would, when placed in competition with a simpler RL-only
agent, lose this competition, in the sense that the RL-only
agent would learn to offer less, more quickly, and thus
would keep more resources for itself throughout its gameplaying life. But would other forms of reasoning, when
added to the RL-only agent, give it a real adaptive advantage?
To find out, we tested a wide range of agents with different
reasoning-plus-learning strategies. Each reasoning strategy, to be added onto the simple RL learner, was represented as follows: First, agent A can either choose its actions
probabilistically from its learned set of reinforcements
(coded as a 0), or she can always pick the action that has so
far received the most reinforcement (1). Reinforcement can
be calculated with a unit payoff (coded as 0), or with a
fixed amount corresponding to what A will keep (1), or
with a varying amount corresponding to what A would keep
if she hypothetically offered different amounts in the virtual
reinforcement cases (2). If agent A makes an offer X, and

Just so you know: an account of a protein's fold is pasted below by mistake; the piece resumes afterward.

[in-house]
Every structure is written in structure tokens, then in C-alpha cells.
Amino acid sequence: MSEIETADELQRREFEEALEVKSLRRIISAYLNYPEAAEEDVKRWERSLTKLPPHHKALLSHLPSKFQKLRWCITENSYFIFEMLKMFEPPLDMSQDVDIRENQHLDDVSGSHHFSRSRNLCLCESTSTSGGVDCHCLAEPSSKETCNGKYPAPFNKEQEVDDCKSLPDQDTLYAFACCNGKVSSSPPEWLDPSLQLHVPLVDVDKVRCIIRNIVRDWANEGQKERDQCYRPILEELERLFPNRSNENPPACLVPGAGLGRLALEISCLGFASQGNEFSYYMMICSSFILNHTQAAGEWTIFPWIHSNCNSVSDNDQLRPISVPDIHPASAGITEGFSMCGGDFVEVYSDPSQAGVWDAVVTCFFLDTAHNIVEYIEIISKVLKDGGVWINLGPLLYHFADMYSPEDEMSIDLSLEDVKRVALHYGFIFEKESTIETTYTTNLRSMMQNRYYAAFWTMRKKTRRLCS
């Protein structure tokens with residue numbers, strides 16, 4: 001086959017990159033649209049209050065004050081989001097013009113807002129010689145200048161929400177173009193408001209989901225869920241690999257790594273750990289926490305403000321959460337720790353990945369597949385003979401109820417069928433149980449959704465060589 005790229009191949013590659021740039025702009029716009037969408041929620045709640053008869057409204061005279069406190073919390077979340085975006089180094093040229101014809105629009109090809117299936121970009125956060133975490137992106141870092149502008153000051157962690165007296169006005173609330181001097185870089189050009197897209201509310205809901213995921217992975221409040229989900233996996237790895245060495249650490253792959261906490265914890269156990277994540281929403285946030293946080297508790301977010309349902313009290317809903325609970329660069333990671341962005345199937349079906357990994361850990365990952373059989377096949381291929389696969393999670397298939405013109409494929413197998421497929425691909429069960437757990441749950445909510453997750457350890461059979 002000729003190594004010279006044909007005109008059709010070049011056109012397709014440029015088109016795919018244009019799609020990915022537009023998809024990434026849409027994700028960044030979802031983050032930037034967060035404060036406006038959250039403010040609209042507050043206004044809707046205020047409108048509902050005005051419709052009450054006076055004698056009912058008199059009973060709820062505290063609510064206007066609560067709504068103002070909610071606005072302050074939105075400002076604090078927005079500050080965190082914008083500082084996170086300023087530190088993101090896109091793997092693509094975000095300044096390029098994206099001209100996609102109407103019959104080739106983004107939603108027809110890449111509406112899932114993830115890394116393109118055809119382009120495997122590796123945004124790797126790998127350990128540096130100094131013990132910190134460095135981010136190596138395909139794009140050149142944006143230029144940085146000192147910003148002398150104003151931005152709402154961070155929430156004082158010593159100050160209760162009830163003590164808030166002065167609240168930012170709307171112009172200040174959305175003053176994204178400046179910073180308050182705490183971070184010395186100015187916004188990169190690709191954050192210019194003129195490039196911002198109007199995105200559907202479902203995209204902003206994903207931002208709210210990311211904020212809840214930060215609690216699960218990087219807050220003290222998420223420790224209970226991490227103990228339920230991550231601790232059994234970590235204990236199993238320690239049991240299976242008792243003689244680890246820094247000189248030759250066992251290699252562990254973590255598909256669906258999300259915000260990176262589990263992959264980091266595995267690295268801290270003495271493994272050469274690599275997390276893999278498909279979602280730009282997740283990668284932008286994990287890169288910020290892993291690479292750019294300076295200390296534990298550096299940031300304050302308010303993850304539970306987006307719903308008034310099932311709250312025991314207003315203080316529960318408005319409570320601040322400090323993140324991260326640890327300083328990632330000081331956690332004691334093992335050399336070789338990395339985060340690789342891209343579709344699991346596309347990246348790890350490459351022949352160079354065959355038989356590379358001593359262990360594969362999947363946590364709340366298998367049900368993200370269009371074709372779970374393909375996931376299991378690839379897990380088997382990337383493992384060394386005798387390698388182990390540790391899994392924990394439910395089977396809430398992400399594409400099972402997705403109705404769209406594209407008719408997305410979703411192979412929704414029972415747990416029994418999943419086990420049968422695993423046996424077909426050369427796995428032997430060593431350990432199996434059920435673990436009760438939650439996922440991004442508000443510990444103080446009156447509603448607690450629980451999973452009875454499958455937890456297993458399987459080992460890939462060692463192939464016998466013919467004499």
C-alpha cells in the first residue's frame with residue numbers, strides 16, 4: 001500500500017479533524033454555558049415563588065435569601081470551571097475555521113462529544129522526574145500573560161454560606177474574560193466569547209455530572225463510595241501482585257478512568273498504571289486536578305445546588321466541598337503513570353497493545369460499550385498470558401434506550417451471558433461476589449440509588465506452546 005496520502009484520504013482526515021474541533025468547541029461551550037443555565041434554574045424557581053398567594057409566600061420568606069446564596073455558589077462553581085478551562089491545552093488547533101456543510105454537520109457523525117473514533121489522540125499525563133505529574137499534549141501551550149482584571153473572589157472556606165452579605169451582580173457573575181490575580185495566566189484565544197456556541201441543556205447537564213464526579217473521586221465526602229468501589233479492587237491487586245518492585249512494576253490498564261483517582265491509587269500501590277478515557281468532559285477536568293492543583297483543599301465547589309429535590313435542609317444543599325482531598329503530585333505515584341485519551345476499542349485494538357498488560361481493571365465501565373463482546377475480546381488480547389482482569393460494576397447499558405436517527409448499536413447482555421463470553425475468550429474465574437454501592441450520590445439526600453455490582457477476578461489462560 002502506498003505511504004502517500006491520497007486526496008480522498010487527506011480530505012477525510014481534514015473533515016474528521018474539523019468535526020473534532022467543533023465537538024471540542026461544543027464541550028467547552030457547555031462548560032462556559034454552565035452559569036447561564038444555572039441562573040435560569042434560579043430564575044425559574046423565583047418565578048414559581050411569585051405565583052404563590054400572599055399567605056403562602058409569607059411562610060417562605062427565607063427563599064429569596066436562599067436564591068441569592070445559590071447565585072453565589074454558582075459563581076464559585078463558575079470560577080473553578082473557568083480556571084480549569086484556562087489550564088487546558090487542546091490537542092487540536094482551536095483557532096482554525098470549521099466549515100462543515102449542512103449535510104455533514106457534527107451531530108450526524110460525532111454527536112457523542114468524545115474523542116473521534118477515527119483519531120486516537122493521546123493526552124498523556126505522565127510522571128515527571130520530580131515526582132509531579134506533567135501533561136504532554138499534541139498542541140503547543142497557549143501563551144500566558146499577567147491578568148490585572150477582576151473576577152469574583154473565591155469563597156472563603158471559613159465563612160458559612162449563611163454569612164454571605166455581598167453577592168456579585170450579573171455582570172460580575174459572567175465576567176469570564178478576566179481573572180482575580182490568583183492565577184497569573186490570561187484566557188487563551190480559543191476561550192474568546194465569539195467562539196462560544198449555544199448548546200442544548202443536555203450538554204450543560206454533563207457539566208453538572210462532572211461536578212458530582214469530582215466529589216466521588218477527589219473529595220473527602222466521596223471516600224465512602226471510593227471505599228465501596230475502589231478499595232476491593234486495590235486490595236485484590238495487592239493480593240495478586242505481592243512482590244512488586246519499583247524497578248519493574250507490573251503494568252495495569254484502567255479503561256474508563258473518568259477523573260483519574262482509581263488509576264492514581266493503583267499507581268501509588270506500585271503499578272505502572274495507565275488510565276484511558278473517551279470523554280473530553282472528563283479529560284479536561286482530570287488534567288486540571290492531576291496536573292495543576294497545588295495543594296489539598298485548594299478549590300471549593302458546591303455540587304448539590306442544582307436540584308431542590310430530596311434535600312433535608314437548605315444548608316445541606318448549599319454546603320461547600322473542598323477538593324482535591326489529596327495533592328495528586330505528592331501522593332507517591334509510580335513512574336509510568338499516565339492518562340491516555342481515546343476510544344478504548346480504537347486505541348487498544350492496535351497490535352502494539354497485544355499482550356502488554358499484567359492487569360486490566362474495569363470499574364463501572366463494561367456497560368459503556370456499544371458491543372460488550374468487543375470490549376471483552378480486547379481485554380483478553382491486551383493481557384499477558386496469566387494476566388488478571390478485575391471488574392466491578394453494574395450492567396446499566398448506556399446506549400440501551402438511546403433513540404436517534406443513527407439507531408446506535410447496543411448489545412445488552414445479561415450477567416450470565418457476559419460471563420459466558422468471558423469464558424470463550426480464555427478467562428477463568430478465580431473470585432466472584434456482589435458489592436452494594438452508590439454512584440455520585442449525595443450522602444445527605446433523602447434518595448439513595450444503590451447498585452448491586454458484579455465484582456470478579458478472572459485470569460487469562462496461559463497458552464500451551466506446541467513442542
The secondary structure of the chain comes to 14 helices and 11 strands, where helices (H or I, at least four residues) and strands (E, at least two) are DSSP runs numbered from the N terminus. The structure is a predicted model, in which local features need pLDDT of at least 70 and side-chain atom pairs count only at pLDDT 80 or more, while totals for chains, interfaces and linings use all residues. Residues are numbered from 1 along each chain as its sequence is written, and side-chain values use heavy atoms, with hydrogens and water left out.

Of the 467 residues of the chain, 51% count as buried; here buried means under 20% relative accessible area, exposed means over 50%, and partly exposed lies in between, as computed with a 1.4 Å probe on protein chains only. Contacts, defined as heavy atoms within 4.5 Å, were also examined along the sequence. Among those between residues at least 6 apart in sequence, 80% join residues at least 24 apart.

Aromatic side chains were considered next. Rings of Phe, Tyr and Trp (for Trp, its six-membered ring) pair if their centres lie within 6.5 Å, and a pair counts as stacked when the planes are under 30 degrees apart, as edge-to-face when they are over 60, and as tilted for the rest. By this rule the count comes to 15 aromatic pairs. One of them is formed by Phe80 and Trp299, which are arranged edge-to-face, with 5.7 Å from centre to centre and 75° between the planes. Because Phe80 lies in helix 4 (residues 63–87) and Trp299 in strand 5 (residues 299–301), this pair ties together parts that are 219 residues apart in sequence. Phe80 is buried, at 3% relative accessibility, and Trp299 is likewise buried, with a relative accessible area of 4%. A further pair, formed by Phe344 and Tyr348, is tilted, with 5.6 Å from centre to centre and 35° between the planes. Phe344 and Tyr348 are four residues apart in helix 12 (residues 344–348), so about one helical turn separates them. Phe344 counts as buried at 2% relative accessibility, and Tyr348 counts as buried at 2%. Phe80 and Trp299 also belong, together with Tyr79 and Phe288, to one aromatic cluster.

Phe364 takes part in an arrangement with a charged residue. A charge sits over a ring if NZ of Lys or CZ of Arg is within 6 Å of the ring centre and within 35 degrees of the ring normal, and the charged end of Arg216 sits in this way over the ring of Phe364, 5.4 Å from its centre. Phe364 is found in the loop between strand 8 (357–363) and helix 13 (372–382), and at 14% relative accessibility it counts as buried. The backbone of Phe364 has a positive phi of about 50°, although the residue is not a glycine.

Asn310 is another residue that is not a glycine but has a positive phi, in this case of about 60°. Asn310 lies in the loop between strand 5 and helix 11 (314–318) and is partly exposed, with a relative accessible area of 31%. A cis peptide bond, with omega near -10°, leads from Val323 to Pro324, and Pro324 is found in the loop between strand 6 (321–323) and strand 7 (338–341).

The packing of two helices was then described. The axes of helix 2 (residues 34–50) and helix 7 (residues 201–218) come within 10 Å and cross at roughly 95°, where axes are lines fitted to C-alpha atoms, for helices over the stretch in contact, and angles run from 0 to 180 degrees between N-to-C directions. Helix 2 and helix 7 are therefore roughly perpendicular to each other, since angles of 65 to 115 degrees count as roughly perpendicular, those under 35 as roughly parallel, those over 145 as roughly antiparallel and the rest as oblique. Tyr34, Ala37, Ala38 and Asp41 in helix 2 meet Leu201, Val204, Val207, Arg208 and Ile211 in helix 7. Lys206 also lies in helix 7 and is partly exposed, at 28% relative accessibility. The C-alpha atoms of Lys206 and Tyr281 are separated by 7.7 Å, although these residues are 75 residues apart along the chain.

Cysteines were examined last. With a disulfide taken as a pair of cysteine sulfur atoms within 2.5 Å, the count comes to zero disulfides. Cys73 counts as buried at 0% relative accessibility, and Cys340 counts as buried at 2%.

that offer is accepted, then A can either increase (2), decrease (1), or leave unchanged (0) the probability of offering X next time. Similarly, A can either increase, decrease,
or leave unchanged the probabilities of offering all values
less than X next time, and the same for all values above X.
Finally, A can learn only when her offer is accepted (0), or
else can also learn by negative reinforcement whenever her
offer is rejected (1—but this case does not happen with the
current B acceptance strategy). This gives 324 possible
reasoning-plus-RL strategies to consider. A strategy similar to Vriend's (but slightly different, because he always
chose all actions equally often during training) is coded by
022020 (reinforce the offer and all offers above it), while a
plain reinforcement strategy (reinforce only the offer) is
coded by 012000 or 022000.
Where To Go From Here
We ran all of these strategies 10 times, for 25,000 reinforcement periods each, with a pie-size of 6 slices, and
looked first at what their total accumulated reinforcement
was (which could maximally average 150,000). In Figure
1, we see the 364 strategies ordered by this total reinforcement, with the Vriend-like rule (Vriend*) and plain reinforcement both marked. We see that many strategies
learned very quickly and so attained nearly the maximal
amount of reinforcement possible. The Vriend*, however,
faired rather poorly, coming in 213th place, and thus being
beaten by approximately two-thirds of the whole set of possible strategies. Plain reinforcement did quite a bit better
than this, coming in 150th. And many reasoning-pluslearning strategies did even better still.
Figure 1: Strategies Ordered By Total Reinforcement
Plain Reinforcement
Vriend* Rule: 022020
Total Reinforcement Over 25,000 Timesteps
S trate gi e s In O rde r
If we look at the average step-by-step payoff in Figure 2
that the top strategies accumulate as they first learn in the